The Superior Court of Douglas County on January 25, 1980, revoked Aldridge's probation after determining that he had violated its terms as charged in the revocation petition. Aldridge was on probation from a 1975 offense. In June, 1979, he plead guilty to the offenses of theft by taking, reckless driving, driving while license revoked, attempting to elude an officer, failure to have a motor vehicle inspection sticker, and speeding. For these offenses, Aldridge was sentenced to serve 72 months, 12 to be in incarceration with an additional 5-year probationary term. After one month in the public works camp, Aldridge escaped and was recaptured. A petition for revocation of the 1975 probation was filed, alleging that Aldridge violated its terms "in the following particulars: On the 7th day of June, 1979, did enter a plea of guilty to [the above-named offenses] in the Superior Court of Douglas County. On the 18th day of July, 1979 did escape the lawful custody of the Cobb County Work Camp." In its order revoking probation, the trial court declared that it had adjudged that the defendant did violate the terms and conditions of probation by committing all of the named offenses.
On appeal, Aldridge urges that it was error to consider the offense of escape in determining and deciding to revoke appellant's probation, and that it was error to revoke the 1975 probation on January 25, 1980, for acts occurring March, 1979 and disposed of by plea of June, 1979, where the court was aware of appellant's prior probation. Held:
The record and transcript does not disclose that in June, 1979, when Aldridge was sentenced to jail and probation for certain offenses, the trial court was made aware that Aldridge was even then serving a probated sentence. The trial court's January 1980 order does not revoke the 1979 probation sentence but expressly revokes the 1975 probation for the named violations, including the escape from prison following the 1979 sentencing. This the court can do, since escape from prison after another offense is unquestionably a violation of the 1975 probation terms. There is therefore no substance in Aldridge's contention that his 1979 probated sentence was wrongly revoked for an act he committed while he was still in custody. Moreover, the revocation was not a violation of the "double jeopardy protection." At the 1979 hearing of Aldridge's guilty plea for the several misdemeanors, the revocation of Aldridge's probation on account of those same offenses was not heard and was not in issue, and the state was not obligated to put it in issue. The revocation of Aldridge's 1975 probation for violation of its terms by committing the offense of escape is a different matter entirely from the criminal prosecution for the offense of escape; the fact that the state chose to prosecute for the misdemeanors and later revoke probation for the same violations is not double jeopardy. Johnson v. State, 142 Ga. App. 124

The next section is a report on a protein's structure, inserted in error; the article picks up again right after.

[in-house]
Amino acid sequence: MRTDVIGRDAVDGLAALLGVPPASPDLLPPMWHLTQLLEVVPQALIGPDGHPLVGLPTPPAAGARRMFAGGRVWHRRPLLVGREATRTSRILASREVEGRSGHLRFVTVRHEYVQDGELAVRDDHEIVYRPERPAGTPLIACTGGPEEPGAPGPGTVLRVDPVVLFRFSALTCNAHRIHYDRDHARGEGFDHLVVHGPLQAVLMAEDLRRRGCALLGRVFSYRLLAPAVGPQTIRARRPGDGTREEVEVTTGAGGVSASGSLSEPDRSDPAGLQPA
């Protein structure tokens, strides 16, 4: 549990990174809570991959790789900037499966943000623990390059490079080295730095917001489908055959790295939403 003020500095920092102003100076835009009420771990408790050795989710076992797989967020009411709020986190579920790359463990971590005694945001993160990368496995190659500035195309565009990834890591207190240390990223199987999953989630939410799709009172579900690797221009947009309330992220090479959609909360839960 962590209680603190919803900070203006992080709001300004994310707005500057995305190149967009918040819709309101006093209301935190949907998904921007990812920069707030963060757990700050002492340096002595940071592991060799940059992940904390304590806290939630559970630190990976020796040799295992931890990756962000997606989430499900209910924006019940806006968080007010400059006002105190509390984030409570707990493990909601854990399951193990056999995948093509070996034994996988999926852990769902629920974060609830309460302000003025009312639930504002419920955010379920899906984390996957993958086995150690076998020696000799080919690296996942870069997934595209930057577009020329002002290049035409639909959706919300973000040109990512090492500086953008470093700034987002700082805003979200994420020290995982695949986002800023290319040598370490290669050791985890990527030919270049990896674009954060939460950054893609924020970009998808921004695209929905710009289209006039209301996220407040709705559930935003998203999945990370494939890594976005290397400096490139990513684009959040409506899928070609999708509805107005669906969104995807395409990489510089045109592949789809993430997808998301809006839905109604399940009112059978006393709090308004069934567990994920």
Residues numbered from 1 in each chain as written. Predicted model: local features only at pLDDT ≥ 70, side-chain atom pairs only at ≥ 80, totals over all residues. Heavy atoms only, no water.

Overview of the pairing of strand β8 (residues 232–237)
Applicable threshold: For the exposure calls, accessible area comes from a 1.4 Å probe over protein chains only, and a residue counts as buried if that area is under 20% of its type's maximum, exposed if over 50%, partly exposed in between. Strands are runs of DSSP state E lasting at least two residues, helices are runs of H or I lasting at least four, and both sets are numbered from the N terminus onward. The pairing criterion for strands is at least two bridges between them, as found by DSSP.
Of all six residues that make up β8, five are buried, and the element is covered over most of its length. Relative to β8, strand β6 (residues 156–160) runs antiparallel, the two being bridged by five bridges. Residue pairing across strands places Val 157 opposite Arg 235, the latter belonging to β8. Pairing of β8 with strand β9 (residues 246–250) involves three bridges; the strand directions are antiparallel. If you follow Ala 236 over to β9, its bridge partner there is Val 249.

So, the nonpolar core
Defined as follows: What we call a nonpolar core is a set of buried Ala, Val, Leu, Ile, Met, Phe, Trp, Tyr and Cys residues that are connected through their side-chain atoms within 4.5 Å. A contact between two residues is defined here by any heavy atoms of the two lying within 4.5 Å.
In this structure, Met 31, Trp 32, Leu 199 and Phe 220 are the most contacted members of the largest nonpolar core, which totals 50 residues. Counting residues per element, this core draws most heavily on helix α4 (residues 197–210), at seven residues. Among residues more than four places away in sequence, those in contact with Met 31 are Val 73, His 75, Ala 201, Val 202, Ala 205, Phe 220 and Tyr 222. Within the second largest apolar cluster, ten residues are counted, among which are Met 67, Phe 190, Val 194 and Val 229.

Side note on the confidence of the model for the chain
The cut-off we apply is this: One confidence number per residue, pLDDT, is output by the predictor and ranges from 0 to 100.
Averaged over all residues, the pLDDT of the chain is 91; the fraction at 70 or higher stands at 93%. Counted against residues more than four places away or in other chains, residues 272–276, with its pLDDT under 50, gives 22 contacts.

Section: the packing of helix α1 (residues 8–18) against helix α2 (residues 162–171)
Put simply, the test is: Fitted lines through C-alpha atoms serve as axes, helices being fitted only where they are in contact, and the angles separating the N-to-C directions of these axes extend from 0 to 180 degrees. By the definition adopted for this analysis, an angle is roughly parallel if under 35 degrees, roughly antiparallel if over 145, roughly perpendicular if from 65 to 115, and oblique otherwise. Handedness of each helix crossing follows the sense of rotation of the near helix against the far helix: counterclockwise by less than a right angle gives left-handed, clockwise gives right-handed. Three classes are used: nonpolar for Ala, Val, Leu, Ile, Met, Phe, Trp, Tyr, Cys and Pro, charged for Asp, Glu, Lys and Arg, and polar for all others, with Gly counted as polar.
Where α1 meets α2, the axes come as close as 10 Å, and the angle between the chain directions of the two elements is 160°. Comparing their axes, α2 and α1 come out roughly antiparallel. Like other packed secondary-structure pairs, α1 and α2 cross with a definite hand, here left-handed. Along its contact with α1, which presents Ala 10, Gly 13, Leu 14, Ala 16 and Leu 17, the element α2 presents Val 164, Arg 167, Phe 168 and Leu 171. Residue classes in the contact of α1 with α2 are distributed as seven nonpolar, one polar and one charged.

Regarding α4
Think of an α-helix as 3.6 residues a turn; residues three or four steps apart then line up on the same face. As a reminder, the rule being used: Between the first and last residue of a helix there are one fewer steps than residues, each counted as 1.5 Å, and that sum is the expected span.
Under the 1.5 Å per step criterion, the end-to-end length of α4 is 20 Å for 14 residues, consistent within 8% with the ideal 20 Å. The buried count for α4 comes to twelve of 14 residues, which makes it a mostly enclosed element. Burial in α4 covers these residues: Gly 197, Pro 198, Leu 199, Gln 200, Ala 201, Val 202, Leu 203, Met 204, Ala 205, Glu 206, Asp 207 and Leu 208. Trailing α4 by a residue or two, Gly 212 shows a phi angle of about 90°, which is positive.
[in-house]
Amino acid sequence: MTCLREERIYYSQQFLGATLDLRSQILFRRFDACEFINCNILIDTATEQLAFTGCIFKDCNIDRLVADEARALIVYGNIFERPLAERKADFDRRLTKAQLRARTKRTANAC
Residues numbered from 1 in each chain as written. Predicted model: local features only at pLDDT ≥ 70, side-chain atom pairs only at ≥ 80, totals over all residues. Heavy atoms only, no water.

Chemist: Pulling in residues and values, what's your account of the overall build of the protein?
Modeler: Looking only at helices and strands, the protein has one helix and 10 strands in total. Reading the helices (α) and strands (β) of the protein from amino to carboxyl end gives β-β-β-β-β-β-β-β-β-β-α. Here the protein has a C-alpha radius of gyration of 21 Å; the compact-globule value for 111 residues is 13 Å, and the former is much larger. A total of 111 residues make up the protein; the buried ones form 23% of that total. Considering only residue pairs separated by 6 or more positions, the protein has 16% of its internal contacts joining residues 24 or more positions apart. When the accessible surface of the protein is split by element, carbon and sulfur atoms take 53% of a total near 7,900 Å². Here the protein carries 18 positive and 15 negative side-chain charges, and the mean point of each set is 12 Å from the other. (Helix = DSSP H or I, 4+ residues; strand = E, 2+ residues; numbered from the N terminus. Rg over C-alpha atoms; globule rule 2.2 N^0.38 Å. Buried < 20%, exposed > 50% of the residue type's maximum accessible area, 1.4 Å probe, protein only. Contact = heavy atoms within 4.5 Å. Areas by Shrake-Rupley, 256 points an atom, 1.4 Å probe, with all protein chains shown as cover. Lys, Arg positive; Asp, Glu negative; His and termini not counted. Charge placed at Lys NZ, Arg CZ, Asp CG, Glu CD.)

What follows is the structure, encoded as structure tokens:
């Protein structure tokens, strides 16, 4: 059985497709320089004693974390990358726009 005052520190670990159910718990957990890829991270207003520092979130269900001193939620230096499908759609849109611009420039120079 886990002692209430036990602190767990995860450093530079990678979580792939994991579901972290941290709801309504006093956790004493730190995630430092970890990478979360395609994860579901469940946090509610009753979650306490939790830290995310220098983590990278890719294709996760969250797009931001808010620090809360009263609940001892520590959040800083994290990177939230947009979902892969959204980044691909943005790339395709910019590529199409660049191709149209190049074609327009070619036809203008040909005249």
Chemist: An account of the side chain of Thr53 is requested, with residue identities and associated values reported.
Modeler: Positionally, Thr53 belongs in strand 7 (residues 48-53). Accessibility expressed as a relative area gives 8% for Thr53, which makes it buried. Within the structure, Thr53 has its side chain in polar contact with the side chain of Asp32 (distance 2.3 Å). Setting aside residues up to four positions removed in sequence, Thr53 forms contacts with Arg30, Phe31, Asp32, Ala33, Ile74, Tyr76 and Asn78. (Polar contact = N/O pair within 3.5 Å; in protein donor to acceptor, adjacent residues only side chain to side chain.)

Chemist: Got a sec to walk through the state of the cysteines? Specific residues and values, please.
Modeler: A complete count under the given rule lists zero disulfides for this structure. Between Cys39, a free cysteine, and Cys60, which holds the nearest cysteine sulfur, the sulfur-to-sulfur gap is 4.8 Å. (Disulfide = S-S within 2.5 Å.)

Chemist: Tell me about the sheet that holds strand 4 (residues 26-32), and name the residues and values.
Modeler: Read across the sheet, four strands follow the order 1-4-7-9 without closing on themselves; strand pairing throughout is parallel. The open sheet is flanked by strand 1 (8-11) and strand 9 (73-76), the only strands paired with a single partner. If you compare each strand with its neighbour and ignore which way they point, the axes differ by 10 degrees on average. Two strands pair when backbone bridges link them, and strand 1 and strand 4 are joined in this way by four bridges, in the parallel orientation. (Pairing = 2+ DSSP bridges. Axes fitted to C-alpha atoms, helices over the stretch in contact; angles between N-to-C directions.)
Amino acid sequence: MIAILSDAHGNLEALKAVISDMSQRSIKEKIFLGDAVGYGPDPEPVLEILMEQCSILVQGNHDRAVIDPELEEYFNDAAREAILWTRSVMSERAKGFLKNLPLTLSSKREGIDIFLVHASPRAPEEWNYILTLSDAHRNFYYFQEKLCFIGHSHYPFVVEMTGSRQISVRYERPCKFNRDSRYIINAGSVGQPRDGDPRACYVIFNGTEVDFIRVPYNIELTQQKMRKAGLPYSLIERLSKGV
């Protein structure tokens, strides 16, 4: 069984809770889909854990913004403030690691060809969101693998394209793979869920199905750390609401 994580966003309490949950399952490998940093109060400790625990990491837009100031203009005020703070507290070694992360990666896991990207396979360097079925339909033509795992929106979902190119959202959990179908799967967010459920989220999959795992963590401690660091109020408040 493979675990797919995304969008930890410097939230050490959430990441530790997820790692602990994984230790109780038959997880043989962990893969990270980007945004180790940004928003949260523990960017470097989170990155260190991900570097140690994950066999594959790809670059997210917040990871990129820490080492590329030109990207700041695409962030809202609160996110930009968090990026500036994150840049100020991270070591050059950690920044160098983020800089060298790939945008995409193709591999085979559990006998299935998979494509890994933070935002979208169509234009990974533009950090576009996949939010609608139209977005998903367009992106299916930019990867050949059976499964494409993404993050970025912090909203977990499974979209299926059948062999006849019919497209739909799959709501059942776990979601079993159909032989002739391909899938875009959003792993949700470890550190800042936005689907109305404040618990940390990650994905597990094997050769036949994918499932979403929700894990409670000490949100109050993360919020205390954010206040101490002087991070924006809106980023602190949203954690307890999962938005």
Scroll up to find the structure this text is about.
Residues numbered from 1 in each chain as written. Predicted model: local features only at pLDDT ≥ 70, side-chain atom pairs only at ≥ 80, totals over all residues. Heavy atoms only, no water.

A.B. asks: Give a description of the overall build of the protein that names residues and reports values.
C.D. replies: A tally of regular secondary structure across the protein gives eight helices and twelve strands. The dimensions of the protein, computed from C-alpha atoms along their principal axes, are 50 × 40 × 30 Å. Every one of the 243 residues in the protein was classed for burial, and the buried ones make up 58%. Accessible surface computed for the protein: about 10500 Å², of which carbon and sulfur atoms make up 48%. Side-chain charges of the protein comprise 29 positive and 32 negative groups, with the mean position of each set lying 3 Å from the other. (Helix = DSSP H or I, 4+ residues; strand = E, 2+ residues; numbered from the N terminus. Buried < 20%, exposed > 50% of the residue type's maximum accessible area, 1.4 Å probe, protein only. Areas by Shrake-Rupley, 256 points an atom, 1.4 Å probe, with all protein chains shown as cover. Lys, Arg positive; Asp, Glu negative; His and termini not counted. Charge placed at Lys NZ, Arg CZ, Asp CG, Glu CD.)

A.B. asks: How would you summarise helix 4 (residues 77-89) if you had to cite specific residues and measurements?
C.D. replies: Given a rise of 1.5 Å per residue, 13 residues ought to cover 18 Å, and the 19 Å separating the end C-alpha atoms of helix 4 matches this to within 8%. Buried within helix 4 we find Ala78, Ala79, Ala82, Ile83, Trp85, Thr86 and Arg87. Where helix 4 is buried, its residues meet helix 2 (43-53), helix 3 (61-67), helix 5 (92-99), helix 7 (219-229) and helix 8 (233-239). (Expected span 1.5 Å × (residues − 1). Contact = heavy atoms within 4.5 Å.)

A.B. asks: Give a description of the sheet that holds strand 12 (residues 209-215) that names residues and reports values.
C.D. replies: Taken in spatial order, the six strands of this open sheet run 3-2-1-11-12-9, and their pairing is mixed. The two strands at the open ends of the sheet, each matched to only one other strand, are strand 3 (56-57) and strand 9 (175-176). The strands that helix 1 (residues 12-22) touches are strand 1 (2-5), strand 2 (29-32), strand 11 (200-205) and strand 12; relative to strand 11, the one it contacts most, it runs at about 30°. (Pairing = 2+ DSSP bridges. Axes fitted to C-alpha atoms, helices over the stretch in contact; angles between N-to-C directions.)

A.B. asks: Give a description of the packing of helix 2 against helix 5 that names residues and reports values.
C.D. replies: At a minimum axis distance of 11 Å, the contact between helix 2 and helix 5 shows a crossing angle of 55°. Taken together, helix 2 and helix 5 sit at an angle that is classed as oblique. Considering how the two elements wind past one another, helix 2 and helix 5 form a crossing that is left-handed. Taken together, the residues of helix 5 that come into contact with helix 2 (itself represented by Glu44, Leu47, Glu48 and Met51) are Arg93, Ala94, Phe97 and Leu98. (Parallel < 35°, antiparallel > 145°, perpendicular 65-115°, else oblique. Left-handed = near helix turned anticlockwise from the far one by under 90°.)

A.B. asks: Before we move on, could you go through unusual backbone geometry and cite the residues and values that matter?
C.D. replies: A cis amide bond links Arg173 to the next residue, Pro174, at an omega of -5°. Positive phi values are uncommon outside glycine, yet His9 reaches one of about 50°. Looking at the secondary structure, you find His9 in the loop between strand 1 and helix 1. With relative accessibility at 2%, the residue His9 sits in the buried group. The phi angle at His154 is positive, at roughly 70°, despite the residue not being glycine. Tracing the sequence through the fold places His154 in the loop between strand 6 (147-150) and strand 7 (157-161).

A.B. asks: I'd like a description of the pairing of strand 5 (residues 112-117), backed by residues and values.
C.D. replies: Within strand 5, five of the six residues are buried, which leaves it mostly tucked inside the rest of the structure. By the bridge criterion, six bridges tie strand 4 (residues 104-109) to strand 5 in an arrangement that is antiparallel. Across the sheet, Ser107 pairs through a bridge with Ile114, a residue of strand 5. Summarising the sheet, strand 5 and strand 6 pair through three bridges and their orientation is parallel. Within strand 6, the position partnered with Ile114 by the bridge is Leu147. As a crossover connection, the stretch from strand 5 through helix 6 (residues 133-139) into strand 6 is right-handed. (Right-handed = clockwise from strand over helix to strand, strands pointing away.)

, 127 (235 SE2d 550
), affd. 240 Ga. 526 (242 SE2d 53)
; cert. denied, 439 U. S. 881. As suggested in Johnson, supra, p. 125, a criminal prosecution and a probation revocation proceeding based on the same occurrence actually have nothing to do with each other; and it is clear that it generally matters little, in terms of law, what sequence the state pursues its remedies.
W. A. Foster, III, District Attorney, Frank C. Winn, Assistant District Attorney, for appellee.